Have you attended a workshop, conference, or other professional training – even a really good one you’re excited to put to use – and been dismayed to find yourself doing nothing with it afterward? Me too. This experience is a microcosm of a thematic challenge in education: applying what we learn.
- We’ve figured out so much about how our brains work – including a growing understanding of neurodiversity and the central roles of emotion and identity in learning – yet we’re still fighting to carve out space for individuality within the industrial model of education we inherited.
- We develop our craft in the summer and return to school brimming with inspiration to try something new, but get swept along by the many stresses and demands of the school year and revert to familiar practices for our own sanity.
- We teach our students things we believe they’ll need in their adult lives, and find they don’t transfer from one subject area to another, or one school year to the next as well as we’d hope.
Witnessing these translation gaps feels like zooming in and out on a fractal: the pattern repeats at every level. I’m not wagging my finger at anyone or suggesting a personal failing. Changing behavior is fundamentally hard, especially when the application occurs in a different context than the learning. I’m painting a vivid picture of the problem because I’m about to offer a solution.
Research in behavioral psychology shows us that changing behavior is not a function of our motivation or willpower. What makes behavioral change effective is having a specific “implementation intention”: mapping out a plan for when and where we’ll enact the new behavior (including how we’ll get ourselves back on track in the face of inevitable curveballs). In our six years offering the Science of Teaching & School Leadership Academy – a four-day crash course in the science of learning that convenes students, researchers, and preschool through collegiate educators from public, private, and charter schools around the world – we’ve developed a role to ensure every participant walks away with a doable plan they’re excited to implement. Introducing: the Mind, Brain & Education (MBE) Translation Leaders!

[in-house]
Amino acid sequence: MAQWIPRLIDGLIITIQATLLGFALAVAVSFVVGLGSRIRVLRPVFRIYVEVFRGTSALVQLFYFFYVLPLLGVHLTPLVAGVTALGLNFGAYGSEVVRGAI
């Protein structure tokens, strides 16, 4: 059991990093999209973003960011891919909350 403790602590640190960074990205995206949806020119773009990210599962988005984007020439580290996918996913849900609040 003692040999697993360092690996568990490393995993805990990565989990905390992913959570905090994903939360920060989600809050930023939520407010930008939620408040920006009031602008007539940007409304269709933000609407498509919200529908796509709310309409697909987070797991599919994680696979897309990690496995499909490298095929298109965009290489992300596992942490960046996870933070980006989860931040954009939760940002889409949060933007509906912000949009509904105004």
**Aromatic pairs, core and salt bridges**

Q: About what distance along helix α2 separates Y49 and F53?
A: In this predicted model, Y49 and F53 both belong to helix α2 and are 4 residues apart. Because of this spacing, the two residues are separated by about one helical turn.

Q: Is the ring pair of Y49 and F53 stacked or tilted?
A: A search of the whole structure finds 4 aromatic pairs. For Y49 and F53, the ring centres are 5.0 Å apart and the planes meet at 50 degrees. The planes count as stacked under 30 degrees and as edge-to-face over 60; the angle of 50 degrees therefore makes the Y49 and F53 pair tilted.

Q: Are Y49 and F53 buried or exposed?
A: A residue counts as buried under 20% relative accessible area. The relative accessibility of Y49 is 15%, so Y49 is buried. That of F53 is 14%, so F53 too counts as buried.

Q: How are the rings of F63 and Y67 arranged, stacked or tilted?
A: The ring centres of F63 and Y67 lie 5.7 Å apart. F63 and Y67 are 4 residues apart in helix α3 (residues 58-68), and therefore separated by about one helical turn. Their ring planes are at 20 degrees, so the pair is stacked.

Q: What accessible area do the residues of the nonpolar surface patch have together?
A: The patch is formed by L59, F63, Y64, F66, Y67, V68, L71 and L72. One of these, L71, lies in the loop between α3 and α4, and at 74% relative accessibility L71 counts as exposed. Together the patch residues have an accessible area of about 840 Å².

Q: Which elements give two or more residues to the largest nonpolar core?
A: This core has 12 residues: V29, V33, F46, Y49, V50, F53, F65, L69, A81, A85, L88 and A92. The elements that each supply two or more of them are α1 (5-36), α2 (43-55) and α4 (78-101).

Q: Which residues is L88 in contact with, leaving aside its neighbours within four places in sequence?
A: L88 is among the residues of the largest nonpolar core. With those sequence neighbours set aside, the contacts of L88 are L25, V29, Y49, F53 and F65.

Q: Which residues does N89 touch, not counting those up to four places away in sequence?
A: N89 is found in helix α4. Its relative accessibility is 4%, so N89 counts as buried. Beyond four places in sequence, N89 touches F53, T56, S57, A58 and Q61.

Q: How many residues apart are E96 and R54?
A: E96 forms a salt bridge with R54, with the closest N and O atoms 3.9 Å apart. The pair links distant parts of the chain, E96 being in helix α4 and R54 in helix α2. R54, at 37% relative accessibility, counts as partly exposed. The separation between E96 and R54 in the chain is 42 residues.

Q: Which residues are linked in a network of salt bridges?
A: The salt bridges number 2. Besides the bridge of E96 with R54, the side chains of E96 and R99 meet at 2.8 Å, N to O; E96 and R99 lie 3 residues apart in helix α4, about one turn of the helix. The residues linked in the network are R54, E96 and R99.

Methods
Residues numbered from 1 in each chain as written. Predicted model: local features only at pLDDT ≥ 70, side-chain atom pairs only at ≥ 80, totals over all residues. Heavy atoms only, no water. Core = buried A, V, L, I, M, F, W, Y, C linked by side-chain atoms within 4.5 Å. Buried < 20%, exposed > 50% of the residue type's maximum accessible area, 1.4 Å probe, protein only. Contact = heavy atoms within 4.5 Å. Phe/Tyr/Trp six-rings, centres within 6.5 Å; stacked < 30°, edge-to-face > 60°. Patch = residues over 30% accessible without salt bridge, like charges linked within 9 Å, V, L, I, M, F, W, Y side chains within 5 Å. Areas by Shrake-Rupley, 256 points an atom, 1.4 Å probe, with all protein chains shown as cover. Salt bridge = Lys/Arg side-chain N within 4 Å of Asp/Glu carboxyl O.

At the end of each day of the Academy, participants spend an hour in Translation Groups of ~15 people, facilitated by an MBE Translation Leader who helps them process what they’re learning and workshop a plan to put it to use. Planning begins with a need or goal that’s most important to you and your students, imagining what success looks like, identifying promising principles from the research that can help, and considering what you can measure and observe to determine how well it’s working. Translation Groups stay together throughout the week, so you get to know your group mates well and leave with a community of like-minded experimenter-educators to check in with for support and celebration throughout the year.
On top of their knowledge and experience translating research into educational practice, our MBE Translation Leaders are stellar human beings, and each of them has an inspiring story. They’ve all chosen this path to deepen their own practice and share what they know with other educators without leaving the classroom or leadership role they love. Recruiting, training, and debriefing with this group each summer is one of the great honors of my job, and I’m continually in awe of their collective wisdom. Check out the full article on Eva’s LinkedIn to meet and interact with veteran Translation Group Leaders in the comment section.